OpenUP Pilot1: Open Peer Review for Conferences

New Approaches to Peer Reviewing

OpenUP Pilot1: Open Peer Review for Conferences

An important aspect of the process of doing science is peer reviewing. It is one of the most important tools for quality assurance of the scientific method. The traditional approach to peer review is single- or double blinded reviewing done by a small group of appointed reviewers.

Despite its relevance, traditional peer reviewing has three major drawbacks:

  1. It does not scale well. The number of submitted papers at both journals and conferences is steadily rising while the number of expert reviewers is not increasing proportionally.
  2. Double-blindness is often compromised as reviewers have a very good overview of the participating research groups and can often infer authorship by language and topics.
  3. Compromised double-blindness or single-blindness can introduce a lot of bias in the evaluation of research. Additionally, unfair evaluation can lead to an enforcement of predominant ideas and hinder progress.

Open peer reviewing (OPR) is an alternative, completely transparent approach, which can help solving these challenges. There are multiple ways to open up the review process:

  • Open Identity: Authors and reviewers are aware of each other‘s identity
  • Open Participation: A larger community is involved in the reviews
  • Open pre-review: early versions of material are public before the review
  • Open Report: Review report is published alongside the publication
  • Open final-version comments: commenting online possible after the verdict

In OpenUP, we are testing the practicability and impact of OPR at conferences. The first venue for Pilot 1 was the Second European Machine Vision Forum 2017 (EMVA 2017). The conference organisers agreed to test the four OPR principles “Open Identity”, “Open Participation”, “Open Report” and “Open final-version comments” in the poster submission system.

The most important changes to the traditional workflow of submission, reviewing and voting include:

  • All participants can see all submissions after the submission deadline and can discuss the submission with the authors
  • All identities connected to comments and submissions are visible to all participants
  • For the final voting, all participants have four votes; project committee members get 10 votes.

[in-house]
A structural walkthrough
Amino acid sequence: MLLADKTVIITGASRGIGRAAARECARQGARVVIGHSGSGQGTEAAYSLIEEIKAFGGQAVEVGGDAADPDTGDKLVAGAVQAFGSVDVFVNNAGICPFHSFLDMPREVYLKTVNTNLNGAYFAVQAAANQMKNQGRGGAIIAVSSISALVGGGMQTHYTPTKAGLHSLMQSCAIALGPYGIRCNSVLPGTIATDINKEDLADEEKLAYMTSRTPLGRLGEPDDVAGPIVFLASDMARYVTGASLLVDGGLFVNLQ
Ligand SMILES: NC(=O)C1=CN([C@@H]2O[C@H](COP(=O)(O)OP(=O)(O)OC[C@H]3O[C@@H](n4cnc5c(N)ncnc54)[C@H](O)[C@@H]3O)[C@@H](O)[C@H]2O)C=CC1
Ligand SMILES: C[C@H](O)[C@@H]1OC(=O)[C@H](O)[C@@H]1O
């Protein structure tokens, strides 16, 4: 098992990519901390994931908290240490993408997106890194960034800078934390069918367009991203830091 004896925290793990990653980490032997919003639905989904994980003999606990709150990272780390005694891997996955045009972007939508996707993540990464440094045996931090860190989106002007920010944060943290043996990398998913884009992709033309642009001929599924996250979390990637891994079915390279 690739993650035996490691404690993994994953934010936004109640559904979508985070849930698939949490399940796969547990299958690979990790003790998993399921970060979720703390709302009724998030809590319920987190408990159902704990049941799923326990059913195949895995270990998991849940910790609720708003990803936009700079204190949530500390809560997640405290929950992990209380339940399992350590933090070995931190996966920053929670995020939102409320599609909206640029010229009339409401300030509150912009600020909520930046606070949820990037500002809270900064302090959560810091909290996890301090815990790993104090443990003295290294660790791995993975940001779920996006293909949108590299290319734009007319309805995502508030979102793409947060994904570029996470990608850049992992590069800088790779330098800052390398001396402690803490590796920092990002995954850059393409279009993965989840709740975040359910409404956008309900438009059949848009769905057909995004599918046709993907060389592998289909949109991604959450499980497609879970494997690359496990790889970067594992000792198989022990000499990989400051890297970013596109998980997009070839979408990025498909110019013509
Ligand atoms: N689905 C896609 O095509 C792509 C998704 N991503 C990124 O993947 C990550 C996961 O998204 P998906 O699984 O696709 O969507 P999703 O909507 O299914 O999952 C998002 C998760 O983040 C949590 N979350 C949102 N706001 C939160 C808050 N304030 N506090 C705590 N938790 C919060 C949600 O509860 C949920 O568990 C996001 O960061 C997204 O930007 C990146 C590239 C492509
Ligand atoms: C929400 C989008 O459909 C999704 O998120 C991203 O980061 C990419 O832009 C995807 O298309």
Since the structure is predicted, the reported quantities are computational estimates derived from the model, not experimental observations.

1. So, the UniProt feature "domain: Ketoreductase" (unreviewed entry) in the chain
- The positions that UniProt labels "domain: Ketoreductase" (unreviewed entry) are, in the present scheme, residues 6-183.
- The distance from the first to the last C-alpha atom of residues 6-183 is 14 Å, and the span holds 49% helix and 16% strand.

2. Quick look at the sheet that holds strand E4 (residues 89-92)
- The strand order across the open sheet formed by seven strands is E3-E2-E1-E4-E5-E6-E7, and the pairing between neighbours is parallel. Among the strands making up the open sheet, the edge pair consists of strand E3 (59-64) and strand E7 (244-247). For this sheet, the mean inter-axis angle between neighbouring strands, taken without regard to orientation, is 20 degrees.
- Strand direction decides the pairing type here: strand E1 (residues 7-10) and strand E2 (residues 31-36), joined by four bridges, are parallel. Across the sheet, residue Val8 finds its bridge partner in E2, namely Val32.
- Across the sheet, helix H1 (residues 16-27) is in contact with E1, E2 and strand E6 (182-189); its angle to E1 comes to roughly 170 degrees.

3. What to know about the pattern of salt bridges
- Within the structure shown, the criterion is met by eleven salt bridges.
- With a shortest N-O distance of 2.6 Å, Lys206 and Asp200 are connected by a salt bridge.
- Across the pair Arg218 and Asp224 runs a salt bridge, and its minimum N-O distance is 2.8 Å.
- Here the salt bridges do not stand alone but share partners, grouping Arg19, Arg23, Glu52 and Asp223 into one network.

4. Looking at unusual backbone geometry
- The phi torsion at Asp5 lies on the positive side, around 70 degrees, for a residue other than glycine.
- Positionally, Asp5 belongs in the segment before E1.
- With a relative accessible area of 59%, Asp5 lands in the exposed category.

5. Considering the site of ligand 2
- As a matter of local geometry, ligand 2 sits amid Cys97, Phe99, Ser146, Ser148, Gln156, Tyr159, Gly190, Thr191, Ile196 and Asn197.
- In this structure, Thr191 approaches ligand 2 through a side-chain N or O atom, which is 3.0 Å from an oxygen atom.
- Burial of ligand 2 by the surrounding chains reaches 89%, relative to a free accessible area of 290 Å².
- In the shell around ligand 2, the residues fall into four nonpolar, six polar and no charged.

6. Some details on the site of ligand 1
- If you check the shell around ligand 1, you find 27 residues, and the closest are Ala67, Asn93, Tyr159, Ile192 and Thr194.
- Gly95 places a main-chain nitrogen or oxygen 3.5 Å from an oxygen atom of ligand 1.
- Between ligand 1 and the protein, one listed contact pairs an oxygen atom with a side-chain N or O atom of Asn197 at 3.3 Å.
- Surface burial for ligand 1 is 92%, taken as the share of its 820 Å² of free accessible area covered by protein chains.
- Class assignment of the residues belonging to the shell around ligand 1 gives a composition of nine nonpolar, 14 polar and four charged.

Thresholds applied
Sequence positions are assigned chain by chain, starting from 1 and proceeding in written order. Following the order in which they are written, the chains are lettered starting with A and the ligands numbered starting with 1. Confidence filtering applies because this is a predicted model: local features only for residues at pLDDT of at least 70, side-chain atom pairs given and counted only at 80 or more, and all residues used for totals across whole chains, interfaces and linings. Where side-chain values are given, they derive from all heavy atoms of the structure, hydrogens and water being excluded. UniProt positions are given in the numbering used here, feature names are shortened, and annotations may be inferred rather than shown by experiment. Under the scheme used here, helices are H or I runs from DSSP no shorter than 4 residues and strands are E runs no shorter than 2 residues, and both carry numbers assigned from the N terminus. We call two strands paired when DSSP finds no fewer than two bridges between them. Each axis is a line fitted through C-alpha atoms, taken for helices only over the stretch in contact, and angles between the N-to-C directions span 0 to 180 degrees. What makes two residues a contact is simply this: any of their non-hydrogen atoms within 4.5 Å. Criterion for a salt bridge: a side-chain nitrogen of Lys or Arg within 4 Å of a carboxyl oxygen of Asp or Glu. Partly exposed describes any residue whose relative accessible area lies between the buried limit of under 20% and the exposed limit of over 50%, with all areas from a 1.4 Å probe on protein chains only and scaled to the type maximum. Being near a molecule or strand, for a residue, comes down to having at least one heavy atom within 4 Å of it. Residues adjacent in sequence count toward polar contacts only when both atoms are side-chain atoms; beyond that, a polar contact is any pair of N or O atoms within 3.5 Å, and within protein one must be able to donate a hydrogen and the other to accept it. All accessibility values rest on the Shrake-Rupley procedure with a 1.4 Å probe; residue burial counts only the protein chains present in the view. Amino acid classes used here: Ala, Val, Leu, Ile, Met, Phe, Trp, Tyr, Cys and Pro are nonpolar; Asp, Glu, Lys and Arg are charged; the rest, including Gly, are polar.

• The final result based on the sum of all votes from all members was accepted as a final ruling
  • All discussions can continue in the CMS interface after the conference has finished

The software to manage the submission, reviewing and voting of potential contributions is called a conference management software (CMS). We had to find a CMS solution that supports the specific mix of new OPR features needed for Pilot 1.

As a first step, the existing landscape of open source CMS was catalogued and the best fit for adapting to the Pilot 1 specifications selected: HotCRP. After this, an adapted CMS based on HotCRP was developed and released as open source (see in GitHub).

The updated CMS was maintained and monitored by the Pilot 1 team to help with the transition to an OPR system. The support for all phases of the review process (submission, review, voting, conference, post-conference) worked fine. In total 78 users registered to the CMS: all persons who submitted a paper/poster through the system (13), the program committee members (8), the PC (1), and additional 56 people who registered after the voting was already over. However, only the submitting authors, the program committee and PC (22 in total) used the CMS during the peer review and voting phase. In general, the stakes were not high for this OPR test phase: In total, there were 13 submissions of which 10 were chosen to be presentations. The remaining 3 still participated as posters.

A dedicated experience survey was handed out to the audience to evaluate the acceptance and impact of OPR. In most of the questions the participants were asked to judge their view on a scale from 0 (Strongly Disagree) to 5 (Strongly Agree). The Pilot 1 team collected 19 completed experience surveys. Only 10% of the survey respondents were women.

In addition, the team gathered personal feedback from the CMS users. Many indicated that they liked the reduced effort and inclusion of all authors into the voting process.

The results on the feedback from 19 of the 22 participants showed a very positive response:

  • Clearness of execution and implementation/CMS interface: 94% strongly agree
  • Acceptance of OPR (review phase): 100% strongly agree
  • Acceptance of OPR (voting phase): 88% strongly agree
  • Open identity skewed feedback towards too much positivity: 69% agreed
  • Overall acceptance of OPR approach, would support again: 94% strongly agree
  • Greatest fear associated with OPR included: biased/whitewashed reviews due to non-anonymity; backlash for bad reviewing (maybe over other channels/private email etc.)

We will continue to collect insights into OPR at a second venue: the conference eHealth 2018 held in Vienna. Here you can read more about the approach we are going to apply soon:

Stay tuned for more results!

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